Micro- / Macro-Oxygenation
Three configuration options
Three configuration options are available in our product range to suit any cellar, all conceived for both - micro- and macro-oxygenation:
- BUS version - BU Oxygen
Fixed installation as part of a VinInfo installation. One BU Oxygen per tank - treatment of unlimited number of tanks with software management.
Central, wall mounted, water-proof cabinet, available in quality rust-free painted or stainless steel cabinets. Each cabinet can treat up to 16 tanks. Unlimited number of cabinets may be installed. Software management is optional.
Each BU MOX and each of the (up to) 16 modules of the OxyBox can treat a single tank, independently from the other tanks in micro or macro-oxygenation.
- OxyBoy & OxyMan
Independent, single tank units, hand-held, can be hung by the tank and then moved to another.
- Temperature-sensor kit - for OxyBoy / OxyMan
- Stainless steel diffusors for precise oxygen diffusion
- Gassing tube for oxygen treatment in larger tanks
- Plastic tube for Oxygen
- Pressure reducer for BUS installation
The influence of oxygen on wine has been well known for many years. Absorption of oxygen takes place in red wines as a result of an open must-fermentation-process or, through storage of wine in traditional wooden barrels which allows oxygen to be diffused little by little into the fermenting wine.
Nowadays there is an increasing use of gas-tight containers or tanks, made of stainless steel, or plastic which rob the wine of natural oxygen absorption. Oxygen must therefore be added artificially to reach the beneficial effects of yeasts activation, increased ripeness, tannin binding, and aroma enhancement by means of artificial addition of oxygen. Micro- / macro-oxygenation is defined as the continuous addition of oxygen during various steps of the wine production.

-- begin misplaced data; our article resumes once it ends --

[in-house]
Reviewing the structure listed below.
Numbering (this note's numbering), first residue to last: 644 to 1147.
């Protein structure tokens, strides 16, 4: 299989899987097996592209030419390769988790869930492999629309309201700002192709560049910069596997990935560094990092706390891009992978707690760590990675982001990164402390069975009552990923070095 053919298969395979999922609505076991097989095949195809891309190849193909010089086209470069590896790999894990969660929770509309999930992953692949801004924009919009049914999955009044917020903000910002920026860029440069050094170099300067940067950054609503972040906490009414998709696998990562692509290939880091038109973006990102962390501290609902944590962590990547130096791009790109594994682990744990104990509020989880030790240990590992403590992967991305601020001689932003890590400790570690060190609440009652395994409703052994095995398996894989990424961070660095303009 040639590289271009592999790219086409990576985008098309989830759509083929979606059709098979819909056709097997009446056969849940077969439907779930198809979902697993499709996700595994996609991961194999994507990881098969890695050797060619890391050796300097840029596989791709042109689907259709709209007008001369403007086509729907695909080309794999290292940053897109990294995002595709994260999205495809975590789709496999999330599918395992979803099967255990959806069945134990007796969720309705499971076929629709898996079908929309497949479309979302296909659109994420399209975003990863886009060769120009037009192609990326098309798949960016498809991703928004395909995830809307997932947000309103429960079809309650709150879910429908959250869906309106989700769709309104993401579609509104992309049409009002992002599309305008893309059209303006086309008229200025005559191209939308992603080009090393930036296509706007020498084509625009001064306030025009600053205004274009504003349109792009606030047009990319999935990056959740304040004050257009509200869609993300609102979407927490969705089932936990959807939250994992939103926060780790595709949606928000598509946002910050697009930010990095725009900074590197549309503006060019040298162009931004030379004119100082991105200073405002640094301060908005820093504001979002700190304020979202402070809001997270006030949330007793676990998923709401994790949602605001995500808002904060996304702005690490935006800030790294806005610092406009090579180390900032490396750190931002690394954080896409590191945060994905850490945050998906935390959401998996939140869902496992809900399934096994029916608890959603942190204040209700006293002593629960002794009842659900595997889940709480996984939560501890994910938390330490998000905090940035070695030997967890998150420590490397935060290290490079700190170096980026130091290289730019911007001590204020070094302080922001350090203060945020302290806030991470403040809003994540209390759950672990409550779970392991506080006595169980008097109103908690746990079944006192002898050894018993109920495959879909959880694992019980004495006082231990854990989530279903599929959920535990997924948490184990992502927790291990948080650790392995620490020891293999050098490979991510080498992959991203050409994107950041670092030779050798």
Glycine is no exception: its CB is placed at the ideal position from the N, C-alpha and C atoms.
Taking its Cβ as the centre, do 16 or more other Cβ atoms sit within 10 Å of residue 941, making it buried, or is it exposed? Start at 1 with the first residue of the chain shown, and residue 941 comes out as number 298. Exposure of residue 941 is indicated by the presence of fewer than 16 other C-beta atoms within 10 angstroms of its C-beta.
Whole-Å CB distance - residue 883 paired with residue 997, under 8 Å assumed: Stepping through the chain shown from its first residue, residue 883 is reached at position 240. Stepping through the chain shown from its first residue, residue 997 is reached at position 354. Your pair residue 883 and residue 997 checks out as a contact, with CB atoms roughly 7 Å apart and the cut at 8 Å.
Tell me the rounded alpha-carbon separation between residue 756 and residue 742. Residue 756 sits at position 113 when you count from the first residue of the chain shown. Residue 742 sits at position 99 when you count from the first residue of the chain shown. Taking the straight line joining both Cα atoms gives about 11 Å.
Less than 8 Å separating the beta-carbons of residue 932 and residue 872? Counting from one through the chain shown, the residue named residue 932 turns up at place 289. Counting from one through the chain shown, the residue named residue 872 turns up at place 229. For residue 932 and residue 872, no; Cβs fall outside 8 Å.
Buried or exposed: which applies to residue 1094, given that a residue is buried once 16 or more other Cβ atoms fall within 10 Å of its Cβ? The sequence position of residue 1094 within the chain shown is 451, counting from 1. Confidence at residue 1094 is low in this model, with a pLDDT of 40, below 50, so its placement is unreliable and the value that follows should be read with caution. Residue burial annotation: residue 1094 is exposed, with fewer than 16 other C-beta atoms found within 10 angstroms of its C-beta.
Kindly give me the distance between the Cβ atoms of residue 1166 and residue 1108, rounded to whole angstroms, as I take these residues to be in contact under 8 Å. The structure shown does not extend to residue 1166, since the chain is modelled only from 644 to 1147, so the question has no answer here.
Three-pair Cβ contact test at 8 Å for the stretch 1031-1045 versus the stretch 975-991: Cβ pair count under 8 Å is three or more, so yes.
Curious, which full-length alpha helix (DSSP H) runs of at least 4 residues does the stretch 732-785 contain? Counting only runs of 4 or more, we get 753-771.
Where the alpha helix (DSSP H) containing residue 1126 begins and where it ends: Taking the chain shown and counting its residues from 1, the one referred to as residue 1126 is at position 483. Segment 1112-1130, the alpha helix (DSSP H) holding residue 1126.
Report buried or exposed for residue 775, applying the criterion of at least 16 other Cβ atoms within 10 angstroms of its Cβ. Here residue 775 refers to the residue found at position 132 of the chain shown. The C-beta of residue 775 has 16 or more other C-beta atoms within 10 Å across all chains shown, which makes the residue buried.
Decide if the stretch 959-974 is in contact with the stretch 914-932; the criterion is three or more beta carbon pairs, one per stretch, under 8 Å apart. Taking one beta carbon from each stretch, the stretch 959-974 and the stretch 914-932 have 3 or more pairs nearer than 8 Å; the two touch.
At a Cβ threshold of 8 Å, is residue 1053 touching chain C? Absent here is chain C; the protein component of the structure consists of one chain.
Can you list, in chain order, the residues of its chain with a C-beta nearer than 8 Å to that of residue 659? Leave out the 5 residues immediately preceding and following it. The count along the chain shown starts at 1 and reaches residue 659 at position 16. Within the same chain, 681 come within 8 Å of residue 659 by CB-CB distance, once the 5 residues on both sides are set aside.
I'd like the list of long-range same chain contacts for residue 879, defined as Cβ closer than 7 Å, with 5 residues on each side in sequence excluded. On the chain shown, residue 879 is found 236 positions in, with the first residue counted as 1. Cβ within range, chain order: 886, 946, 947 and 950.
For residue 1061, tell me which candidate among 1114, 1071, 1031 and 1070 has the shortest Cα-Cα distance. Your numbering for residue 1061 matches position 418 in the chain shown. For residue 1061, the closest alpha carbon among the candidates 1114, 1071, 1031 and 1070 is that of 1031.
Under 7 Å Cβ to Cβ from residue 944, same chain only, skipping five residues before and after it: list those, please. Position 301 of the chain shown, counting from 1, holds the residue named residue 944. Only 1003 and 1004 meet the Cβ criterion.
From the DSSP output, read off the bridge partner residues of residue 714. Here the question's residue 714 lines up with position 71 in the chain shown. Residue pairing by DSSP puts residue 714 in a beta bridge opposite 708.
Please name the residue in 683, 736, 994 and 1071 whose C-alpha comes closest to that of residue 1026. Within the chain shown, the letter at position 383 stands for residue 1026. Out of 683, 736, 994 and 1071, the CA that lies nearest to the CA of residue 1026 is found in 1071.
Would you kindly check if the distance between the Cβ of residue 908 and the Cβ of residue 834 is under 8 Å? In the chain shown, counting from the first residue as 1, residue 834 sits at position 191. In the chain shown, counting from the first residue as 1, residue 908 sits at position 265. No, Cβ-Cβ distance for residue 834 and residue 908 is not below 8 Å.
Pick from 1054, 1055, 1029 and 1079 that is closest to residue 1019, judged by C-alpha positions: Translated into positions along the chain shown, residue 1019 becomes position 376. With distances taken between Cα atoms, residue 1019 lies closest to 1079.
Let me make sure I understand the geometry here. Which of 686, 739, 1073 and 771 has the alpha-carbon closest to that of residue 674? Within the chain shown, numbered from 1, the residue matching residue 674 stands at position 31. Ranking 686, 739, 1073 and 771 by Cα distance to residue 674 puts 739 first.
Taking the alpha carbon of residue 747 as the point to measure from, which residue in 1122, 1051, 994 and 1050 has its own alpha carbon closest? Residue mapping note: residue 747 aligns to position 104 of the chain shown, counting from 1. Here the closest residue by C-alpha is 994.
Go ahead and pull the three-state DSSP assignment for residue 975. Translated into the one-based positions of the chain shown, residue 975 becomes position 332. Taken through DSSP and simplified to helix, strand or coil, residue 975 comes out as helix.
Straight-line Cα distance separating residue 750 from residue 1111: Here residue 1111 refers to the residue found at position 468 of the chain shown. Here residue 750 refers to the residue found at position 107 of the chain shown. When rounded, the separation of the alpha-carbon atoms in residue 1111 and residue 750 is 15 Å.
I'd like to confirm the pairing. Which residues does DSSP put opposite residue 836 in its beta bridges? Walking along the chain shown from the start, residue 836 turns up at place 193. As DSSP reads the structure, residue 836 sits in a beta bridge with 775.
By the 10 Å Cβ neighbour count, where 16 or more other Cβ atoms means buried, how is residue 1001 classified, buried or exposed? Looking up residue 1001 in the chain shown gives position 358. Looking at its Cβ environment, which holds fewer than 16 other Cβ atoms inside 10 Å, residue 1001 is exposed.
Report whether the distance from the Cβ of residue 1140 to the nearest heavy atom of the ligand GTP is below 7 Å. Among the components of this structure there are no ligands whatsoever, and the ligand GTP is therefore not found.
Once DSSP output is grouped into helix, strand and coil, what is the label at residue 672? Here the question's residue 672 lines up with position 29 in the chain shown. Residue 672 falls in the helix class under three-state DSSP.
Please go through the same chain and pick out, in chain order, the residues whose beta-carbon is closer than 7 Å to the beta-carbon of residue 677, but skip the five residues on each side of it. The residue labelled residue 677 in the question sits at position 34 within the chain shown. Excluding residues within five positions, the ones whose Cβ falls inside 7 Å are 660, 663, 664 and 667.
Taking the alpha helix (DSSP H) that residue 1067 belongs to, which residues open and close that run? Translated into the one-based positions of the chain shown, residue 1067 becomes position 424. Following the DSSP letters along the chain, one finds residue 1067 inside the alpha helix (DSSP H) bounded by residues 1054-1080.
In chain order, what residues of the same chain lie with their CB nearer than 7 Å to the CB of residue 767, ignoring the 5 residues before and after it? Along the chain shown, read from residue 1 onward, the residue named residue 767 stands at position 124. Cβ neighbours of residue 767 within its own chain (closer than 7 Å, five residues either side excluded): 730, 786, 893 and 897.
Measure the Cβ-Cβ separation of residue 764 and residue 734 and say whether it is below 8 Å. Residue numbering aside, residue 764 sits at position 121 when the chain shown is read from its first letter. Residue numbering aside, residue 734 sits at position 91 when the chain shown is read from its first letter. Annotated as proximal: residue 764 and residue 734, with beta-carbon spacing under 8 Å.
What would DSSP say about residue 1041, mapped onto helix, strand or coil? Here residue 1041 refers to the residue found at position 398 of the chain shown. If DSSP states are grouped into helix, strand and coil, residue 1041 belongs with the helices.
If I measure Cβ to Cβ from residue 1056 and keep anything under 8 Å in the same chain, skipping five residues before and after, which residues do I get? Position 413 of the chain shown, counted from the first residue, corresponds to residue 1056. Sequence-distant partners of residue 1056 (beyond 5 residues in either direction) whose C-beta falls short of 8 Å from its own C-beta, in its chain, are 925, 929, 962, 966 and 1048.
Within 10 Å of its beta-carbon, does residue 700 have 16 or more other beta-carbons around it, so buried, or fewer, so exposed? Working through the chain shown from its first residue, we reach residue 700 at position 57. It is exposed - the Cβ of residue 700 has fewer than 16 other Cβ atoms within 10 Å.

In the micro-oxygenation the fermenting wine receives over a long period of time (several months) a constant and very small amount of oxygen (0,5 – 6,0 mg per liter per month). The micro-oxygenation is mainly used in red wine, after the malolactic fermentation. The amounts of oxygen added correspond as much as possible the equivalent amount of oxygen that the wine would have absorbed had it been stored in a wooden barrel. The micro-oxygenation’s objectives are colour stabilization and forcing the pace of tannin polymerization (= refining of tanning agent). Red wines become thereby creamier and rounder.
The directed oxygen dosage before and during the fermentation process, but before the malolactice fermentation, is called macro-oxygenation. Unlike microoxygenation, in the macro-oxygenation, a larger amount of oxygen (approx. 2,0 up to 6,0 mg oxygen per litre per day) over a shorter period of time, is added. This procedure is used on red as well as white wine in order to reduce the Phenols.
Macro-oxygenation used during the beginning of the fermentation also contributes to the development of strong yeast that can carry the fermentation well to a complete ending - not only for wine but also for beer!